Columbia University promotes ‘students exploring whiteness’ program so they can ‘critically engage with whiteness’
Kendall Tietz, DCNF
Columbia University’s official Instagram account promoted a post on its story calling on students to get involved in a school program where they can “critically engage with whiteness.”
The university’s Office of Multicultural Affairs first posted the photo and caption on Instagram to promote its Students Exploring Whiteness program.
“Every White person who claims and/or believes themselves to be liberal, progressive, and a champion for social justice NEEDS to critically engage with whiteness in this way in order to truly begin to do real work,” the post said, which was attributed to a Students Exploring Whiteness participant. “It’s not just a program of learning, discussion, and activities; it helps you develop the mindset, outlook, practice, and lifestyle that is necessary to truly being anti-racist.”
.@Columbia’s official Instagram account just boosted a post from its Office of Multicultural Affairs calling on “every white person” left of center to sign up for a specialized year-long program called “Students Exploring Whiteness.” pic.twitter.com/z44dv7gXZ0
— Jimmy Quinn (@james_t_quinn) September 15, 2021
“Meaningful anti-racism work by white-identified students requires spaces to critically engage with whiteness, challenge internalized superiority, and seek humility and vulnerability in shaping and maintaining commitments to anti-racist action,” the post adds. “It requires pursuing this without adding to the burden that many students of color already feel to teach their white peers.
The “Students Exploring Whiteness” website says that “racism impacts and implicates everyone,” but in a the yearlong cohort program “students who desire a space for sustained personal work and peer support around understanding race and challenging racism with a goal of developing an anti-racist framework and toolkit that can be brought to other student communities on campus.”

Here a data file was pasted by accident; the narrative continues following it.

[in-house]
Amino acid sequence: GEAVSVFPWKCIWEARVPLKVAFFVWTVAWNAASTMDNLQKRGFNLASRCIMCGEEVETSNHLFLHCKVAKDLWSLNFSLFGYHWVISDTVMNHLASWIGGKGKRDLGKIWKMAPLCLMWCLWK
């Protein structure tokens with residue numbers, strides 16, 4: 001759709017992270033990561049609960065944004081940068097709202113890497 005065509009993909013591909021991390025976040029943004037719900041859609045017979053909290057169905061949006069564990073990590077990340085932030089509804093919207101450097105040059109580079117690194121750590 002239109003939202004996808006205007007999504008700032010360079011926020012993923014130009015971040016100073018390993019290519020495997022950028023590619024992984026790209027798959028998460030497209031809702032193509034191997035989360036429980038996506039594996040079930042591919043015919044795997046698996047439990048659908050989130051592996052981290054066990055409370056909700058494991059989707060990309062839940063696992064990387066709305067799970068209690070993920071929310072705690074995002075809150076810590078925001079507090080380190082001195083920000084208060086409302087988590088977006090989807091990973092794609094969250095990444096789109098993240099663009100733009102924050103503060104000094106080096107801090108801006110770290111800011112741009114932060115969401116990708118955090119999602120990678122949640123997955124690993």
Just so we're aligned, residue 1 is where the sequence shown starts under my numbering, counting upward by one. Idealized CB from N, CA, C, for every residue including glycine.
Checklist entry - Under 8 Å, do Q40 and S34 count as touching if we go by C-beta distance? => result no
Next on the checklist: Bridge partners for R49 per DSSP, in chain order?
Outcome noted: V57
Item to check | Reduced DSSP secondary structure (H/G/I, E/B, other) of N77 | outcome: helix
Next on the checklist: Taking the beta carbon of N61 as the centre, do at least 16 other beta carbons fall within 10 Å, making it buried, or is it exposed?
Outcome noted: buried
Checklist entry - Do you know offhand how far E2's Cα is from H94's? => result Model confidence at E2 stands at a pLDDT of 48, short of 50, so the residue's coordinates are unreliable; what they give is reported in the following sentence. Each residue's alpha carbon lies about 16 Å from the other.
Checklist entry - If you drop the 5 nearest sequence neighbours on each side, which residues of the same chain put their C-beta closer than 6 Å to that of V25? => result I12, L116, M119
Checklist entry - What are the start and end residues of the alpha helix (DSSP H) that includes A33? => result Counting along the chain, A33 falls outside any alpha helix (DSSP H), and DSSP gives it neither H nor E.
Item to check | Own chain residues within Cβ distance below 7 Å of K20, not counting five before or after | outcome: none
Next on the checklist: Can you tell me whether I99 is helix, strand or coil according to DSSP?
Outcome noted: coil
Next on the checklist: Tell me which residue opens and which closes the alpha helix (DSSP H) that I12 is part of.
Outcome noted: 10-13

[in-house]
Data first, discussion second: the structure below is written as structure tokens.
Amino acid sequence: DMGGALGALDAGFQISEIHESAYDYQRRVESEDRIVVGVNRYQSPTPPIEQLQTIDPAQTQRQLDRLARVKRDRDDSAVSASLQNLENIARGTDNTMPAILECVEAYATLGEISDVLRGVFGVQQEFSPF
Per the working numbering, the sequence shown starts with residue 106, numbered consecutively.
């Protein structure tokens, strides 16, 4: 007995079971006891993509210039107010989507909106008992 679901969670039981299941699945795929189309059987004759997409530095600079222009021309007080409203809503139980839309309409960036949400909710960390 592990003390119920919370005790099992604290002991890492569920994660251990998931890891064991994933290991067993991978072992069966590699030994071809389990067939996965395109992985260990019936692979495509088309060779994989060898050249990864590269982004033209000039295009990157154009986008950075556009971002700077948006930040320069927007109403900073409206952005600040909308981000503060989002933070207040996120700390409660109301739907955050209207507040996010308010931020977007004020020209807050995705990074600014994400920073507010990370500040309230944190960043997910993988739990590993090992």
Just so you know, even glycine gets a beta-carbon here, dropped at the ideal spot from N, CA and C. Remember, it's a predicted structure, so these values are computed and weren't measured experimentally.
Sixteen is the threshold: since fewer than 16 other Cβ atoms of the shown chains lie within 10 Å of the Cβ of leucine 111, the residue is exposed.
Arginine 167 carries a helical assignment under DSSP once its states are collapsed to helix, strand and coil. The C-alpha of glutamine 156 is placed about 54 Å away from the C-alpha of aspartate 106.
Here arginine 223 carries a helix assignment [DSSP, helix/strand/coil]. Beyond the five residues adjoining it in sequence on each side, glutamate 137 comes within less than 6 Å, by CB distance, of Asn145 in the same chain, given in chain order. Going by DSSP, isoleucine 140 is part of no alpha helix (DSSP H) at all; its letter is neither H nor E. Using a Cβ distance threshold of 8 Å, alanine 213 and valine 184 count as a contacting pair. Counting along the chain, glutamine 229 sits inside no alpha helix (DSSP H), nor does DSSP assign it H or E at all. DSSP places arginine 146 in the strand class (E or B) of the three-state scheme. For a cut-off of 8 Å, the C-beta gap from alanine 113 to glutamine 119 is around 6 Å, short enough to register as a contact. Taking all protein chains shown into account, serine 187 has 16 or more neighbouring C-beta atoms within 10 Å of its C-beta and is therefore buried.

The program’s participants will meet ten times throughout the school year to engage in storytelling, readings and group dialogue to “explore bias, privilege, systemic oppression, white fragility, solidarity and tools for taking action,” according to the website.
This is not the first time Columbia has made anti-racism and social justice efforts a prominent focus at the university.
In March, the university also announced plans to hold six different graduation ceremonies on the basis of race and socio-economic status in addition to its regular commencement.
In June, North Korean defector Yeonmi Park spoke out in an interview with Fox News about her experience at Columbia University, where she experienced “anti-Western sentiment, collective guilt and suffocating political correctness.”
“You guys [Americans] have lost common sense to [a] degree that I as a North Korean cannot even comprehend,” she said. “The people here are just dying to give their rights and power to the government. That is what scares me the most.”